Category Archives: Branding

Banned books, comic books (sort of), branding, and films


One more reason to like social media.

Grassroots response to banning of Invisible Man in Randolph County, North Carolina

7 Reasons Your Favorite Books Were Banned

Ways to Celebrate Banned Books Week

Comic books (sort of)

French Can Now Get Current Events as Digital and Print Comics

Branding (Personal)

Looking around I ran into the Book Whisperer Blog and one of the posts there has to do with what I consider personal branding. It’s a riff on the Kardashians but still I like it. It’s aimed at teachers and school librarians, but, you know, most of it applies to everyone, including you.

Bryan Cranston from the TV series Breaking Bad was profiled in the September 16, 2013 issue of The New Yorker. One paragraph begins: “Cranston says, matter-of-factly, ‘I often find myself in a pickle and having to apologize, because that’s what risk-takers have to do.'” This reminded of a quote that I first saw on a Tom Peters slide: “Don’t ask for permission; beg for forgiveness.” I often wondered who said that first. Turns out it was Rear Admiral Grace Murray Hopper. Always a good mantra to keep in mind. Of course you have to be prepared for the trouble your actions may cause.


Camden International Film Festival begins tomorrow, September 26. Camden, Maine is a beautiful place to visit this time of year. You could see a lot of great films, too.

Facebook page


The Scrabble Diet


flickr photo credit: Alex_untitled

Links about books, publishing, self-publishing, marketing, video, & photography

High Brow

Excavated Site in Denmark May Be The Royal Hall From ‘Beowulf’
Reminds that it may be time to re-read Beowulf. Last time I did that I was a freshman in college. Also happen to have a copy of the verse translation by Seamus Heaney (R.I.P.) sitting here on my bookshelf. (Though one of the commenters at Amazon thinks that the translation by Frederick Rebsamen is superior to Heaney’s.)


Self-Publishing An E-Book? Here Are 4 Ways To Leave Amazon’s 30% Tax Behind

Self-Publishing A Legal Casebook: An Ebook Success Story

(As evidenced by the two different versions of e-book/ebook above, Forbes copy editors may want to look into standardizing the spelling of that pesky word.)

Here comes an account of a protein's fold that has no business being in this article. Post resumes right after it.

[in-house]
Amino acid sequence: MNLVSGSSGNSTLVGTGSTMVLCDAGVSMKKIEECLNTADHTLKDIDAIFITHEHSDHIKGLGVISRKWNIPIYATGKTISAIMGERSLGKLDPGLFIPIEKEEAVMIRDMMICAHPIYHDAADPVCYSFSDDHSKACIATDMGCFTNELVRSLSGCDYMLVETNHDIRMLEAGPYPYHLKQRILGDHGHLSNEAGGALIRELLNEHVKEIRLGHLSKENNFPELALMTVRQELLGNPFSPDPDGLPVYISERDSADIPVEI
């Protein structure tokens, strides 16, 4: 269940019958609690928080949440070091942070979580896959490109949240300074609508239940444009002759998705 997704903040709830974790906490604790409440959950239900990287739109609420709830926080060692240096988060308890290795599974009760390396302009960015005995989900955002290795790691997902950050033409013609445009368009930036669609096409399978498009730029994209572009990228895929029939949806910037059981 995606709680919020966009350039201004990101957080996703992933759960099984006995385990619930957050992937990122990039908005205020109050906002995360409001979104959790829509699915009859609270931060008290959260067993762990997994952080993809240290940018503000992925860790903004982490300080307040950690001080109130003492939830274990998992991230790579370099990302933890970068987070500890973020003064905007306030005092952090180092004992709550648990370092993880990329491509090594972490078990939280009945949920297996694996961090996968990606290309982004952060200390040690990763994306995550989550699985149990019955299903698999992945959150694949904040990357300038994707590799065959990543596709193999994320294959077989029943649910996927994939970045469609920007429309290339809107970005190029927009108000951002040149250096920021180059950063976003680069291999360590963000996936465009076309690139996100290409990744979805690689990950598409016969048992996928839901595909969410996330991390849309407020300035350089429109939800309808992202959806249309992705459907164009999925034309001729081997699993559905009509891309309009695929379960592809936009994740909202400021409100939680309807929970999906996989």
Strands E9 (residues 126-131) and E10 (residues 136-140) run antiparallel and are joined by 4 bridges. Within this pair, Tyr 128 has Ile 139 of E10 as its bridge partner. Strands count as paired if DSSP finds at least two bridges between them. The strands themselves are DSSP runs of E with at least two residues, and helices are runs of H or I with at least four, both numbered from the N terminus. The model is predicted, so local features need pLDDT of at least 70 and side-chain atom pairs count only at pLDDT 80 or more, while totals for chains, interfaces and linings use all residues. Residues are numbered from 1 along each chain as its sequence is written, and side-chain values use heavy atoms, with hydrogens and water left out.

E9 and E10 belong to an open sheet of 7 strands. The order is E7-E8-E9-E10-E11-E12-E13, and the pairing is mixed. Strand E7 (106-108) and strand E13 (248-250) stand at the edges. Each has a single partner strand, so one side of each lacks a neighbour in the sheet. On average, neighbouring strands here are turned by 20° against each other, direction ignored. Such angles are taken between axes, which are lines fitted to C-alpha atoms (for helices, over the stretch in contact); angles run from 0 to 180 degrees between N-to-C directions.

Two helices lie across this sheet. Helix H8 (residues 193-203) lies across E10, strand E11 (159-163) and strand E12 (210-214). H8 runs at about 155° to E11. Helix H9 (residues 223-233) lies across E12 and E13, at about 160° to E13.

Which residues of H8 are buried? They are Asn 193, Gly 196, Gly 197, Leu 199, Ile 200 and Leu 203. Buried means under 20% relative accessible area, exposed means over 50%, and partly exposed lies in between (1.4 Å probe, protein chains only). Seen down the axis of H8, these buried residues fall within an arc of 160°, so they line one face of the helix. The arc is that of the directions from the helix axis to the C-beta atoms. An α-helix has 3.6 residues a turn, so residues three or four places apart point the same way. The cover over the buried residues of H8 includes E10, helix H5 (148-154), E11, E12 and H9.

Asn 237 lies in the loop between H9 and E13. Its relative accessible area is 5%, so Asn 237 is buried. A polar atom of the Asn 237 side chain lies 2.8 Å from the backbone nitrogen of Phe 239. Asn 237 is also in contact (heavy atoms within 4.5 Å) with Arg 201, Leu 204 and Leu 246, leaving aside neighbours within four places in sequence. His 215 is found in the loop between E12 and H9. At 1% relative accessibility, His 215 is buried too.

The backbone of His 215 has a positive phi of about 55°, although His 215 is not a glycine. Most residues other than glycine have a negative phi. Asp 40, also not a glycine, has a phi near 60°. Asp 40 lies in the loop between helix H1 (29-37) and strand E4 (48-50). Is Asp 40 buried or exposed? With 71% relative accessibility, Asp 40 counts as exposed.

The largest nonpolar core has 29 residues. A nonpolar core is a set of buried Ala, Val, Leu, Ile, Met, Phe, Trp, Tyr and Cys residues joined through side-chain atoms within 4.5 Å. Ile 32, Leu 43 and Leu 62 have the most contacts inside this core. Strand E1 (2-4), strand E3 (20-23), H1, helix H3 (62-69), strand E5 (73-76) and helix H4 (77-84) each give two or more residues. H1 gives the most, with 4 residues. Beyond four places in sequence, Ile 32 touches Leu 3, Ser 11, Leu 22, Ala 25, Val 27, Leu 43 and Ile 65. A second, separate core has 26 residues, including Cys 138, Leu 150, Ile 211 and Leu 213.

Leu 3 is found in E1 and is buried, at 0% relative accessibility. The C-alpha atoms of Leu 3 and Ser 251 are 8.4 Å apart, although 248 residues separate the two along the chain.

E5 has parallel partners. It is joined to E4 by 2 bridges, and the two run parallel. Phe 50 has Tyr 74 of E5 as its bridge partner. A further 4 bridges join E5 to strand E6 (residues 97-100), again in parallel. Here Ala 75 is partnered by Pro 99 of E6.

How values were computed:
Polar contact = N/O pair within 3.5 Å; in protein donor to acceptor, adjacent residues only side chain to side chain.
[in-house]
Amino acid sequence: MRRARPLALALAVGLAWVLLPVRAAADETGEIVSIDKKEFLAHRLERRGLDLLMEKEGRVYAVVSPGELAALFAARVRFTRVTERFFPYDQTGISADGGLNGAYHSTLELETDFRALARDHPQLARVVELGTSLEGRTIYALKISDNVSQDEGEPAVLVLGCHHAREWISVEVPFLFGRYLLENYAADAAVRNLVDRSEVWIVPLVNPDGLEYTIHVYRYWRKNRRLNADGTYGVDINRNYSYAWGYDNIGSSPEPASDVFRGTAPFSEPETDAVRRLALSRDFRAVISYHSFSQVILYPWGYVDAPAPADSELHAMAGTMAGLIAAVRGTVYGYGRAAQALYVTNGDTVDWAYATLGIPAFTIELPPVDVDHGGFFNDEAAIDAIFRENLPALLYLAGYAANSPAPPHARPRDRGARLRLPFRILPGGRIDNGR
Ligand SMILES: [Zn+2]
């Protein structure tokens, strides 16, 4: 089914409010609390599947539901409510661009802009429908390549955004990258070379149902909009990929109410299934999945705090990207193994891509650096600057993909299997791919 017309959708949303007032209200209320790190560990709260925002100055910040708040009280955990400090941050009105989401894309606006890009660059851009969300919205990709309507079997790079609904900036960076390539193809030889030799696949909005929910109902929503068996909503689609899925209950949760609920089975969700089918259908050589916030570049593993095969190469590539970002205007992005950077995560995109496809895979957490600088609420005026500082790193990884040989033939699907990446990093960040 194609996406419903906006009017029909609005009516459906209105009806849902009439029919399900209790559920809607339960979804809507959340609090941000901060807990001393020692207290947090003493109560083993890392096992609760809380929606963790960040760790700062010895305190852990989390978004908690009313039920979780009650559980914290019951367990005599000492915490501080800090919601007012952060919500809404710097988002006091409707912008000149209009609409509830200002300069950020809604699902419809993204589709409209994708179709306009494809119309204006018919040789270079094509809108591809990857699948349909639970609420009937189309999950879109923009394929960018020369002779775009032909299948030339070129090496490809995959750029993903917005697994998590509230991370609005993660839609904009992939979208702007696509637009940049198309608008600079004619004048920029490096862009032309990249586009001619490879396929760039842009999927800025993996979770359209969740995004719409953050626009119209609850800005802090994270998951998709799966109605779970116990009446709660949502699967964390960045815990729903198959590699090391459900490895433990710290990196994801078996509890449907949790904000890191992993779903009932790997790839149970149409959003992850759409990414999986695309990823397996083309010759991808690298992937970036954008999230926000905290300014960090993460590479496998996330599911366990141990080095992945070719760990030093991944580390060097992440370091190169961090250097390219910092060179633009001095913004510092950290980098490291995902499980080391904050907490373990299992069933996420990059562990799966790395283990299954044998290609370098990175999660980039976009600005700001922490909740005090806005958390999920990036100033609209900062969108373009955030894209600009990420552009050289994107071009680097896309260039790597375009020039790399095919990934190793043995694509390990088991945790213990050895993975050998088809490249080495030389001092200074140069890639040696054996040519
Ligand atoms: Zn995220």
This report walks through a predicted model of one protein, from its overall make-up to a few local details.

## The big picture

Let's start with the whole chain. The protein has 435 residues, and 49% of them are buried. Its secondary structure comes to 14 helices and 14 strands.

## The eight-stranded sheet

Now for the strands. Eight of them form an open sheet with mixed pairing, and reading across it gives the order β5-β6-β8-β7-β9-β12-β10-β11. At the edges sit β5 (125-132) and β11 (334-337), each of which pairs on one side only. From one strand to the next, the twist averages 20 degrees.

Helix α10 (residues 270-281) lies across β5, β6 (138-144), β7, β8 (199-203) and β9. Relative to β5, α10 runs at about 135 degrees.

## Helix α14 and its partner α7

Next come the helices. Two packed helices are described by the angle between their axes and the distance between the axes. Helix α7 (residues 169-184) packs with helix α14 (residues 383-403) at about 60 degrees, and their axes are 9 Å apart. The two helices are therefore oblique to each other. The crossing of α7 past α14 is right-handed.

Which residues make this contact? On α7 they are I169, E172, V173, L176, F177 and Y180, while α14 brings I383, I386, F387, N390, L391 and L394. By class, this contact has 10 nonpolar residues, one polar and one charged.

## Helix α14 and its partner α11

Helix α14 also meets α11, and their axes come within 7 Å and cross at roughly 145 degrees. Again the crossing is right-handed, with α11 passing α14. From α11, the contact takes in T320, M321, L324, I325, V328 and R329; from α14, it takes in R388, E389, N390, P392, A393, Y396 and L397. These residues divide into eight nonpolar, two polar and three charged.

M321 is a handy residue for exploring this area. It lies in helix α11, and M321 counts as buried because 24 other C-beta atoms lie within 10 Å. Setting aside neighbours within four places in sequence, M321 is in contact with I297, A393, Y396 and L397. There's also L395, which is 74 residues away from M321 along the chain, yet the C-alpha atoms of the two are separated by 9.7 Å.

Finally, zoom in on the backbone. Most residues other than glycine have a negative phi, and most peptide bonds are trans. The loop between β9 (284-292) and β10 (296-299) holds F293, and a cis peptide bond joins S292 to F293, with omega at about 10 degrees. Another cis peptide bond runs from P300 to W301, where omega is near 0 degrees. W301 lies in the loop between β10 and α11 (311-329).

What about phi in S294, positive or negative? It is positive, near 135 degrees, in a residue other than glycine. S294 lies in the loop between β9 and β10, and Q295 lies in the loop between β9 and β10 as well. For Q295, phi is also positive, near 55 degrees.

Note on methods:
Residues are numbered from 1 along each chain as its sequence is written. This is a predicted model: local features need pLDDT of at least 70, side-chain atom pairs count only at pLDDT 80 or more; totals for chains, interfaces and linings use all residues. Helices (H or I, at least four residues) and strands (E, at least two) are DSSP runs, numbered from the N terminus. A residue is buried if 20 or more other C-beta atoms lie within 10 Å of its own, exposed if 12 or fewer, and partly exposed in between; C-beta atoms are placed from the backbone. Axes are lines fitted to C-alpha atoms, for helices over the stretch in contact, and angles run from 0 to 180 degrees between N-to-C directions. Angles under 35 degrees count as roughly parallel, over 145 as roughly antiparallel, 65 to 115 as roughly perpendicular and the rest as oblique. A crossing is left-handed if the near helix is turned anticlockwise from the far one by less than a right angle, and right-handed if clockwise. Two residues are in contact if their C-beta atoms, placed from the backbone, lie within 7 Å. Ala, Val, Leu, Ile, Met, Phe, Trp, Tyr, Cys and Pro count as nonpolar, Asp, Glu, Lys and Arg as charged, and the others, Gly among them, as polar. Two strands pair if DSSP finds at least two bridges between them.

Still banning books?

North Carolina school board bans “Invisible Man”
(from @DavePell’s NextDraft newsletter 9/20/13)

Still reminding us that books are banned

Did you know it is banned books week?

How banned books week is being observed in my neck of the woods:

Read-Out for Banned Books Week


Video provides payday for publishers
(thanks to @jwikert for the link)

Proof of what Joe describes is happening at the New York Times, where one of the video features is called Op-Docs. One of the recent videos there is:

56 Ways of Saying I Don’t Remember

Louie C.K. on Conan about cell phones
There’s actually a great line in here about letting yourself getting completely sad, embracing it, crying, in order to produce the “happiness antibodies” that will make you completely happy. But screwing around with the phone rather than just sitting there “being human” gets in the way of complete sadness, therefore getting in the way of complete happiness. Brilliant in a way.
(thanks to @DavePell’s NextDraft)


This Guy Turns OCD Hoarding into Amazing Photos
(thanks @Dooce)


New Album “Sparks” Announced
Another musician doing some interesting stuff on the marketing front.


Spam comment at this blog:
Now I am going to do my breakfast, later than having my breakfast coming yet again to read more news.

Book promotion and marketing

I’m working with some folks on promoting their forthcoming business book. During one of our discussions about what we were doing, one of the co-authors mentioned this list from Chris Brogan, what he calls An Author’s List for Social Media Efforts. I’d call it 21 Ways to Promote Your Book. It’s a great list of things for an author to do, definitely a “must start here” for anyone setting out to promote a book.

Why I ride in the Pan Mass Challenge

I started riding in the Pan Mass Challenge (a 200-mile two-day bike ride in Massachusetts, USA that raises funds for the fight against cancer) because I had gotten back into biking after a long hiatus, I had friends who were doing it, and because I was now in my 50s and thinking more about how to give back to people rather than getting for myself. Apparently that happens to men of a certain age. Less concern and worry about their place in the universe and more concern about how to help others.

The thinking also went: “I’m going to be out there biking because I like doing it and I like how it makes me feel and how it makes me fit and since I’m putting in all these miles (and time), I might as well see if there’s a way to somehow be helping someone simultaneously.” Enter Pan Mass Challenge. Perfect fit, really.

Then reality sets in. You’ve got to be in pretty good shape to ride back-to-back centuries. (A century in bike parlance is a 100-mile ride.) As a result you have to ride a lot to get in shape for that weekend. You end up riding more than you would otherwise ride just to stay in shape. Which is good. On the one hand. On the other, you end up putting in more time in the saddle than you otherwise might want to. Other things don’t happen or don’t get done. There’s only so much time in a day. As I get older, this is more and more apparent to me. (As I tick off only 3 of the 7 items on my to-do list.) Either I’m slowing down at getting things done, or I just have wildly unrealistic expectations. Or: combination of the two.